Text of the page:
Long before there was LeBron James' hilarious turn in Trainwreck or Kevin Garnett's fantastic work in Uncut Gems, there was Ray Allen in 1998's He Got Game. The future NBA Hall of Famer was still just a few years into his career when he took on this memorable role.

He played Jesus Shuttlesworth, the top-ranked basketball prospect in the nation. Just before picking his college, his father (played by Denzel Washington) is released from prison, where he was for killing his wife, and tries to get him to attend his alma mater. The drama between them was stellar.

  1. Love & Basketball (83%)

Easily the most romantic basketball movie ever made, the aptly titled Love & Basketball (2000) is a fan favorite. It centered around Quincy McCall (Omar Epps) and Monica Wright (Sanaa Lathan), two athletes who had major dreams of playing professional basketball.

The two met as kids and the film saw them come in and out of each other's lives until adulthood. Injuries and other challenges get in their way. Though a beloved film, many have since noted that Quincy only ends up with Monica as a last option of sorts, dampening some of the romance.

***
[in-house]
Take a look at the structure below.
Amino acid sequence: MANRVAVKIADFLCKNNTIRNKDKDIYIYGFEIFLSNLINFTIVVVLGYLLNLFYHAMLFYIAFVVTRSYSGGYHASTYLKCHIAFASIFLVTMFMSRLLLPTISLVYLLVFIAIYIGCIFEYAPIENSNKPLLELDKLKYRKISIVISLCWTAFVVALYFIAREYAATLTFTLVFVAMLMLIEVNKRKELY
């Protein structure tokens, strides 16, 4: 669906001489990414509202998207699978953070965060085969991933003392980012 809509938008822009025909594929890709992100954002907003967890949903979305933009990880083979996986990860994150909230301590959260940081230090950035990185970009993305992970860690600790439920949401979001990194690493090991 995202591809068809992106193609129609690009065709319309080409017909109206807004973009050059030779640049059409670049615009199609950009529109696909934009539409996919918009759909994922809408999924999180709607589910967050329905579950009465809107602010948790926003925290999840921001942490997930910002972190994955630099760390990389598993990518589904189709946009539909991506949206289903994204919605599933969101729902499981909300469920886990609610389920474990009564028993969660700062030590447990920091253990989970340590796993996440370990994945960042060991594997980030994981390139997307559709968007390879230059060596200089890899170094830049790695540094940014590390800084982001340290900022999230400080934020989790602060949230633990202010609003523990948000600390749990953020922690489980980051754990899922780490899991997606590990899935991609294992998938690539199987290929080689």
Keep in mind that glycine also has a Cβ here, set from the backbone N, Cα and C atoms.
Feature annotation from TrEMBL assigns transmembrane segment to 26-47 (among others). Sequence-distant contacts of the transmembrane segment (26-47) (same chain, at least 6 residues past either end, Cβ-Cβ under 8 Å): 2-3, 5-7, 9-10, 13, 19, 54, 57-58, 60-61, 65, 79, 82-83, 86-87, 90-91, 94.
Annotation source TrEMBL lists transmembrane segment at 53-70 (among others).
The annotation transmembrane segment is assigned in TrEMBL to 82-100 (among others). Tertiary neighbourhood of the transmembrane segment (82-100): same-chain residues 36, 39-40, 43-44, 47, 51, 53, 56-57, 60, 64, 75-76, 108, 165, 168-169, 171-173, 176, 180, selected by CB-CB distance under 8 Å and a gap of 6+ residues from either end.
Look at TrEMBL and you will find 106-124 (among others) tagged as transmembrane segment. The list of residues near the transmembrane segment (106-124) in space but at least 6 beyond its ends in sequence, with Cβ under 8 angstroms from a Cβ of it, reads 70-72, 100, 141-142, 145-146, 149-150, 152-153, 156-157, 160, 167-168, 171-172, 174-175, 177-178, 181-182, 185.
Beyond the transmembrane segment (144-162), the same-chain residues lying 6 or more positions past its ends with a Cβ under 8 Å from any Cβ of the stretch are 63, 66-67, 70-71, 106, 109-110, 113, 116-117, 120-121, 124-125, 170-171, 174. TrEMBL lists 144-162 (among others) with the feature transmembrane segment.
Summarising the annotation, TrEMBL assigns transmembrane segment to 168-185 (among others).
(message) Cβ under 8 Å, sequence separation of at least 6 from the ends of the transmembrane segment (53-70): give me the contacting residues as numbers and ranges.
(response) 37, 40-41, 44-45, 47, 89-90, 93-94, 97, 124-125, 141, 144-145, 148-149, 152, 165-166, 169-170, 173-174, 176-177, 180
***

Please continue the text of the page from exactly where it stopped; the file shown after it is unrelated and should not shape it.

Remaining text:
1. The Way Back (84%)

The most recent film on this list, The Way Back (2020) is another take on a story focused on a head coach. Ben Affleck, in one of the finer turns of his career, took on the role of Jack Cunningham. Though an alcoholic construction worker, he is asked to coach at his old high school.

Critics and audiences alike both thoroughly enjoyed this flick. The consensus on Rotten Tomatoes says that the plot is mostly formulaic, but gets put over the top thanks to the stellar work from Affleck in the lead role.

  1. Hoosiers (89%)

1986's Hoosiers is synonymous with basketball. It follows a small-town team from Indiana (a state known for basketball) that pulls off the underdog move of winning the state championship. They're led by Norman Dale (Gene Hackman), a coach with a checkered past.

While it sounds like it's filled with overdone tropes of the genre, they were still mostly fresh at the time. It's a timeless film, made with care by everyone involved. Hoosiers was eventually selected for preservation in the National Film Registry by the Library of Congress.